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Written by Angela Harris

When I was in college, there was a button that some of us took to wearing.  It was green (I seem to remember) and the message it bore was “59¢.”  It recorded the fact that, on average, for every dollar a man made a woman made fifty-nine cents.

I was reminded of that button after attending the AALS Mid-Year Workshop on “‘Post-Racial’ Civil Rights Law, Politics, and Legal Education: New and Old Colorlines in the Age of Obama,” last week in New York City.  There, Professor Florence Roisman called our attention to a report released in May by the Institute on Assets and Social Policy (IASP) at Brandeis University. According to this report, between 1984 and 2007 the racial wealth gap between black households and white households increased fourfold: from $20,000 in 1984 to $95,000.

As Thomas Shapiro (who leads IASP) and Melvin Oliver explained in their important book, Black Wealth/White Wealth, this wealth gap is different from the income gap my friends and I protested in college. Income is, for most people, their paycheck; it pays the mortgage or the rent, buys groceries, goes toward the car payment, and disappears by the end of the month. Wealth — or “assets” in the IASP parlance — is money that sticks around, gaining in value; it allows people not just to get by but to invest in the future: to “pursue an education, buy a home, start a business, live securely in retirement, and weather economic challenges of unemployment, illness, or disaster.”

Shapiro and Oliver told us in 1996 that despite the good news that African American households were slowly catching up to white households in terms of income — there was, finally, a growing black middle class — this apparent move toward parity masked a dramatic disparity in wealth. That disparity, they argued, was due to “sedimented” inequality. Through the generations since slavery, while black people were being systematically excluded from the professions, from white markets for their services, from the most prestigious educations, from bank loans and venture capital, from federally-backed mortgage loans, and from homes in affluent white neighborhoods, white people were building wealth through all these means and passing it on to their children, who in turn used their inherited wealth to build more wealth.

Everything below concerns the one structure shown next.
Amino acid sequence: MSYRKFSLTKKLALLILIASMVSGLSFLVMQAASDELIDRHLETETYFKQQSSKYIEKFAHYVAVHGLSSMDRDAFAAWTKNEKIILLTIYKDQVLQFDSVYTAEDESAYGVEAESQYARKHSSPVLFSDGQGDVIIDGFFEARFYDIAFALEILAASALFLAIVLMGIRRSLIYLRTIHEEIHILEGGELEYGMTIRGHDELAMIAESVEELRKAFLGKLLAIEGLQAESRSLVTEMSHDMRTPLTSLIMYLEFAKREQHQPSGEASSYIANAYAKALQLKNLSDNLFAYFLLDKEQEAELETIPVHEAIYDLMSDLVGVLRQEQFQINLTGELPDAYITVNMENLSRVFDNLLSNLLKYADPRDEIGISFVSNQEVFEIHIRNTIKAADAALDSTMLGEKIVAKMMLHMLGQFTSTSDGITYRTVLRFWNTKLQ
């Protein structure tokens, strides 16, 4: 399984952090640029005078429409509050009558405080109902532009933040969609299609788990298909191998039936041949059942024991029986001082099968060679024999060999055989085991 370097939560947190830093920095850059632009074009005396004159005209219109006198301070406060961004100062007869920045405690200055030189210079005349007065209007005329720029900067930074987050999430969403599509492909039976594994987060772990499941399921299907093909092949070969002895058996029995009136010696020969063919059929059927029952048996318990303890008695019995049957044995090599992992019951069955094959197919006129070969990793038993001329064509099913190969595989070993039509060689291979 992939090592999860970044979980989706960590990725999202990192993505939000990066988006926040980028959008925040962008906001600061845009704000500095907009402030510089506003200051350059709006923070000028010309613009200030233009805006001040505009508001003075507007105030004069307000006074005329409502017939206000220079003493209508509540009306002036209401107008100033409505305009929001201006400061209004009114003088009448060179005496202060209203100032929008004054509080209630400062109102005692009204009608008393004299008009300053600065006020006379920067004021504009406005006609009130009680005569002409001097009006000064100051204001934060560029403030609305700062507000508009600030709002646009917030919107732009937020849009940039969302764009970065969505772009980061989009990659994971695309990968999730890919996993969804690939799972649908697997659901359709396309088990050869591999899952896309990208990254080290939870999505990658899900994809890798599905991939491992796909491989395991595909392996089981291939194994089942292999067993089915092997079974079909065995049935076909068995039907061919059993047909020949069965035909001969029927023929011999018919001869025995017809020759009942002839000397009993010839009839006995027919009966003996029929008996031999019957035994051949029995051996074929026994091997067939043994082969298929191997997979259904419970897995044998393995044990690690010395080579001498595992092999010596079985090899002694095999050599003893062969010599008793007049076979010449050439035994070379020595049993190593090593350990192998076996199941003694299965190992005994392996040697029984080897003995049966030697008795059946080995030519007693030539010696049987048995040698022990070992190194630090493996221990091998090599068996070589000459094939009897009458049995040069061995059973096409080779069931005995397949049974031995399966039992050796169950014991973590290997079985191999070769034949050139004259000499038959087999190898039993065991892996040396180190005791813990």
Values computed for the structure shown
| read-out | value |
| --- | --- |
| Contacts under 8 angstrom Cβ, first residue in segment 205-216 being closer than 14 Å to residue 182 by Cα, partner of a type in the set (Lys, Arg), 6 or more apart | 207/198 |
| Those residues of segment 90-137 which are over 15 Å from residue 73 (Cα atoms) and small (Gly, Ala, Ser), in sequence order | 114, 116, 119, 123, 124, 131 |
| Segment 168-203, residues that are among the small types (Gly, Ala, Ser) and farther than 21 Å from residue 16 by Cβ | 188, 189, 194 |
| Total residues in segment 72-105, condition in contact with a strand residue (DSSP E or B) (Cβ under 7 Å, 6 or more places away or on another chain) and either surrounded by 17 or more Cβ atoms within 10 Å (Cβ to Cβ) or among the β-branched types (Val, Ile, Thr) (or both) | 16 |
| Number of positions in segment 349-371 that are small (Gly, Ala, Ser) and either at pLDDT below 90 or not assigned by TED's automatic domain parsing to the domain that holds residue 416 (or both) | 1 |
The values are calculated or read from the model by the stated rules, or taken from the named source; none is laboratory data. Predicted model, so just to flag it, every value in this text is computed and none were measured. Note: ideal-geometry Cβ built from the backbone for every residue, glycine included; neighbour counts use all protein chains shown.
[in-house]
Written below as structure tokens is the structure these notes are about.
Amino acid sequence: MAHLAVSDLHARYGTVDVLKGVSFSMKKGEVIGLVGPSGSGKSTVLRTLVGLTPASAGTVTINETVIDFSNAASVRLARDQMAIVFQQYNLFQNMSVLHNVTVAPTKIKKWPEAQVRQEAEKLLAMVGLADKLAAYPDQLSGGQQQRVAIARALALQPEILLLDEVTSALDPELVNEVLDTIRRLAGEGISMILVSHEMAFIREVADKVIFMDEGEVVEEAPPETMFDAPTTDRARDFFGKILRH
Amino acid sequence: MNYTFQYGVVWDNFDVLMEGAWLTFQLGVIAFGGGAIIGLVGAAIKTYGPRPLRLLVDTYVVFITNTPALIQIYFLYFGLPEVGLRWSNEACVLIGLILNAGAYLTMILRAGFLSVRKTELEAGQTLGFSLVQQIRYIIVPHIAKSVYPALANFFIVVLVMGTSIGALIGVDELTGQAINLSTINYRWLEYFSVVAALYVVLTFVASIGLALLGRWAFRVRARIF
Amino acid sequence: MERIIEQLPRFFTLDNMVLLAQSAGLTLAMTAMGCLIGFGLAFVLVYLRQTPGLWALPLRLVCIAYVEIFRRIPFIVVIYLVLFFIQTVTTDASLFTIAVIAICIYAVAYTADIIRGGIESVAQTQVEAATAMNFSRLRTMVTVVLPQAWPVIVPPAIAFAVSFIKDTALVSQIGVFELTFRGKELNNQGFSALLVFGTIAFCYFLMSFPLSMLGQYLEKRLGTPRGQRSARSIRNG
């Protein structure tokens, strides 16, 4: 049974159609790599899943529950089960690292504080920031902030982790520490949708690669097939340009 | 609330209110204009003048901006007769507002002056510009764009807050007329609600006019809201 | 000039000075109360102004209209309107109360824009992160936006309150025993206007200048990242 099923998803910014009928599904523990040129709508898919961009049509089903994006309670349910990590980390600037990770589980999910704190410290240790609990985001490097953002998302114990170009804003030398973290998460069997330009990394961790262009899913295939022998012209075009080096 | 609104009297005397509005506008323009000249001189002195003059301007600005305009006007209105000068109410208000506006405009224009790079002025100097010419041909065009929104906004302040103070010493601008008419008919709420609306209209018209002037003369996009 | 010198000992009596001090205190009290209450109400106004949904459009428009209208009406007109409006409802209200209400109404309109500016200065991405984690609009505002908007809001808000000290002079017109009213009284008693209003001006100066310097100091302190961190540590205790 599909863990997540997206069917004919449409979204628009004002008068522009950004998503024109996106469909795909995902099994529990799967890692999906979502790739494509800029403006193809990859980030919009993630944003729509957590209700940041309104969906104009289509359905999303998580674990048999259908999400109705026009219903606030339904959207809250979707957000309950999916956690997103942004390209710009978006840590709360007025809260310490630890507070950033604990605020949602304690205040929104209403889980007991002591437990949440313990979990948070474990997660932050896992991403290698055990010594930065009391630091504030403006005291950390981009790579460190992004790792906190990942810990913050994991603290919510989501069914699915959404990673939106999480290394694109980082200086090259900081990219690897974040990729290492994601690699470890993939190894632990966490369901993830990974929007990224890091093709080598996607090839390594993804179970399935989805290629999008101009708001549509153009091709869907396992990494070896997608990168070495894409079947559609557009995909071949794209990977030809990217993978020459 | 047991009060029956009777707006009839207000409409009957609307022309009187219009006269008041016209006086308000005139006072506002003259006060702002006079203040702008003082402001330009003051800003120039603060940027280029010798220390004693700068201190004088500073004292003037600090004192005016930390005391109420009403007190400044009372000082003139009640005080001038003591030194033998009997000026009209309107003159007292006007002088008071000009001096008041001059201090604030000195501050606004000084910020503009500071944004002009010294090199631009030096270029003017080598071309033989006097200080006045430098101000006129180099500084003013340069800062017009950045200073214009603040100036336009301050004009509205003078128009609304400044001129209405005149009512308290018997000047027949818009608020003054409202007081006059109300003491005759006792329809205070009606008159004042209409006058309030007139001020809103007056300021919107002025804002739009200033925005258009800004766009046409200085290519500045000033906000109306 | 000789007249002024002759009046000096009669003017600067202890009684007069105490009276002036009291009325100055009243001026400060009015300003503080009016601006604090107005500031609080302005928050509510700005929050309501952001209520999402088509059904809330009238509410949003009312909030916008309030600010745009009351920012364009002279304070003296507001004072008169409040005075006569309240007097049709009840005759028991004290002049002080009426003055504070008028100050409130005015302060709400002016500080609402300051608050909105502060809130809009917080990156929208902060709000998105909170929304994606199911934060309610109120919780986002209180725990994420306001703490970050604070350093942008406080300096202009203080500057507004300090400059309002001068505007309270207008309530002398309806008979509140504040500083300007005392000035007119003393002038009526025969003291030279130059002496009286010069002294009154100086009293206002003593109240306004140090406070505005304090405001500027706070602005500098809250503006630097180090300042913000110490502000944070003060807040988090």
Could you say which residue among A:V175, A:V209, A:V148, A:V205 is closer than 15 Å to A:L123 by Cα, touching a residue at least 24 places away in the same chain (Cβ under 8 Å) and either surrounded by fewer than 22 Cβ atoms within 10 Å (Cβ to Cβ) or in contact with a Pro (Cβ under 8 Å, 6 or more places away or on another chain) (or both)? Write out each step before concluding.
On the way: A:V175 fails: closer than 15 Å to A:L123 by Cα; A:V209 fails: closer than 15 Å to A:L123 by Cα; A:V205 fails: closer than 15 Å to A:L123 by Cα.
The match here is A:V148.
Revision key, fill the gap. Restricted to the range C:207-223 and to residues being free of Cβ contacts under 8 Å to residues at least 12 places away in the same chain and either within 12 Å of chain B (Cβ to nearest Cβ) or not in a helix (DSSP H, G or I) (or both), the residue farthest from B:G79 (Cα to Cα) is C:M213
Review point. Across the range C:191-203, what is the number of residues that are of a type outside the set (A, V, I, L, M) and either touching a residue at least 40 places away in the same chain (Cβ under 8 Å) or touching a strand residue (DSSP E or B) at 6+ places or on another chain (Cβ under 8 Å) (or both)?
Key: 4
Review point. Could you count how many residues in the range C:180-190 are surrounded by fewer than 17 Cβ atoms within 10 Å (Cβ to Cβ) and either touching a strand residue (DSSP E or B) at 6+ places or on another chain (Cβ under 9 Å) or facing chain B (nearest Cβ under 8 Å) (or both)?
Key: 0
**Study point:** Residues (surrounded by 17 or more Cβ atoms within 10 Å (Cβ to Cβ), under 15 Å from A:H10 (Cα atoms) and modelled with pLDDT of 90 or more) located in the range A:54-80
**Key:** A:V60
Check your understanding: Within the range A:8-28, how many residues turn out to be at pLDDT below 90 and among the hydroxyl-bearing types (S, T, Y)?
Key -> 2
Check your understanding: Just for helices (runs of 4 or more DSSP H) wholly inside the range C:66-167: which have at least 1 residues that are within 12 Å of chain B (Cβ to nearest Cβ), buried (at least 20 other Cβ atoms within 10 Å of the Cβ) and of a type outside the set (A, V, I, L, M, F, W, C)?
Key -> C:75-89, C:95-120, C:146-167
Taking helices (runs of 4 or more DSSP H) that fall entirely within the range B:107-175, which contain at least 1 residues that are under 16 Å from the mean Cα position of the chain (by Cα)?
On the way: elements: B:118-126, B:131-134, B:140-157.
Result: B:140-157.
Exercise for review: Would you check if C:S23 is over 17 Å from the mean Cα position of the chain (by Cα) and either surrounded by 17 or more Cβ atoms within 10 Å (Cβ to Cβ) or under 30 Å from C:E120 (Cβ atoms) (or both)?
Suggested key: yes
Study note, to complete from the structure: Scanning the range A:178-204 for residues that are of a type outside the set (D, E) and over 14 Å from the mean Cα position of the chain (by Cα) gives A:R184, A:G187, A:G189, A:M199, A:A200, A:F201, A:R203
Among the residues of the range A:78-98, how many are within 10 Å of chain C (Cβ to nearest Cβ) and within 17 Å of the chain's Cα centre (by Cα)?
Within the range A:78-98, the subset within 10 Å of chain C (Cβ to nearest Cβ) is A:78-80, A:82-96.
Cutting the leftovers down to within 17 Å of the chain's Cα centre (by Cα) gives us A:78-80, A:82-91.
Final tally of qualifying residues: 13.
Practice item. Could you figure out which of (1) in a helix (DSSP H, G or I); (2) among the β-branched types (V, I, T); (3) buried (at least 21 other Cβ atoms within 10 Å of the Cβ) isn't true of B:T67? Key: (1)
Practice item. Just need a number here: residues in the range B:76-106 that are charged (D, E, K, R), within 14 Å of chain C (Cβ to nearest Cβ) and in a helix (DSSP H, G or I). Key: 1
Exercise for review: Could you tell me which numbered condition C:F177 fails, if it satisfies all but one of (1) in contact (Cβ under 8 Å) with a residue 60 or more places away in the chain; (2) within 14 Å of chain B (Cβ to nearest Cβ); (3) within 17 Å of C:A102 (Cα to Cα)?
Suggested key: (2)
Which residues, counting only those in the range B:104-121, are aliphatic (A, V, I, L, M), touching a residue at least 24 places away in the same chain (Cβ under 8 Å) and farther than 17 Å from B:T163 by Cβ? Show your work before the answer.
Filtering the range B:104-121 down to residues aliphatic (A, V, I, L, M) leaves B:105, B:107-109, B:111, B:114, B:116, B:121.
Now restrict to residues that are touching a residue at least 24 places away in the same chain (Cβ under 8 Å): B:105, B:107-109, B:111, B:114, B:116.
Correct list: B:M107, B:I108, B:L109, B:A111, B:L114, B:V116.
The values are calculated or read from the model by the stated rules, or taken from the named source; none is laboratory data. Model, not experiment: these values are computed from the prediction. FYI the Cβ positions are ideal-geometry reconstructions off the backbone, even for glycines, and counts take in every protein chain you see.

That gap, it now appears, increased in the last twenty years rather than decreasing as one might expect. According to the IASP, middle-income white households had greater gains in financial assets than high-income black households: by 2007, the former had accumulated $74,000, while the average high-income African American household owned only $18,000. At least 25% of all African American families in 2007 had no assets to turn to in times of economic hardship. And this study, please note, ended before the collapse of the housing bubble in 2008. Why is this important? Because  the primary financial asset in most American households is the family home.

I want someone to start making buttons that read “95,000.”

But whereas in my college years we confidently expected that enforcement of Title VII and statutes like the Family Leave Act would put a stop to income inequality between men and women (and to some extent we were right, although the gap between “mothers and others” remains), closing the racial wealth gap is a much more difficult task. The IASP report asserts that race-neutral policies cannot close it; instead, it urges, “wealth-building opportunities must be targeted to families of color.” Those of you who think that the Obama Administration is going to lead that charge, wave your “HOPE” posters.

In the past, we African Americans put our faith in “black capitalism” and “black enterprise.” Essence and Ebony magazines continue to profile black vice presidents of large corporations and solo entrepreneurs for our admiration and edification. But income is not wealth and the next wave of foreclosures is still to come. Our “95,000” button needs to provoke a much deeper conversation among black people. If we can neither look to the market for parity nor to the state for reparations, where does economic security lie? Is it time to start asking what our faith in capitalism has done for us?

Perhaps, at the very least, it is time to remember what capitalism has done to us. Anthony Farley argues that capitalism as we know it was born on a slave ship. That is, the moment of “primitive accumulation,” from which exploded mercantile and industrial and managerial capitalisms, was the moment when one group of humans successfully reduced another to commodities. Is it a fools’ game to imagine that we can become masters of the game that nearly destroyed us? Is it foolish to aspire to such a bitter mastery? And what might black people accomplish if we stopped playing by the rules?

I’m just asking.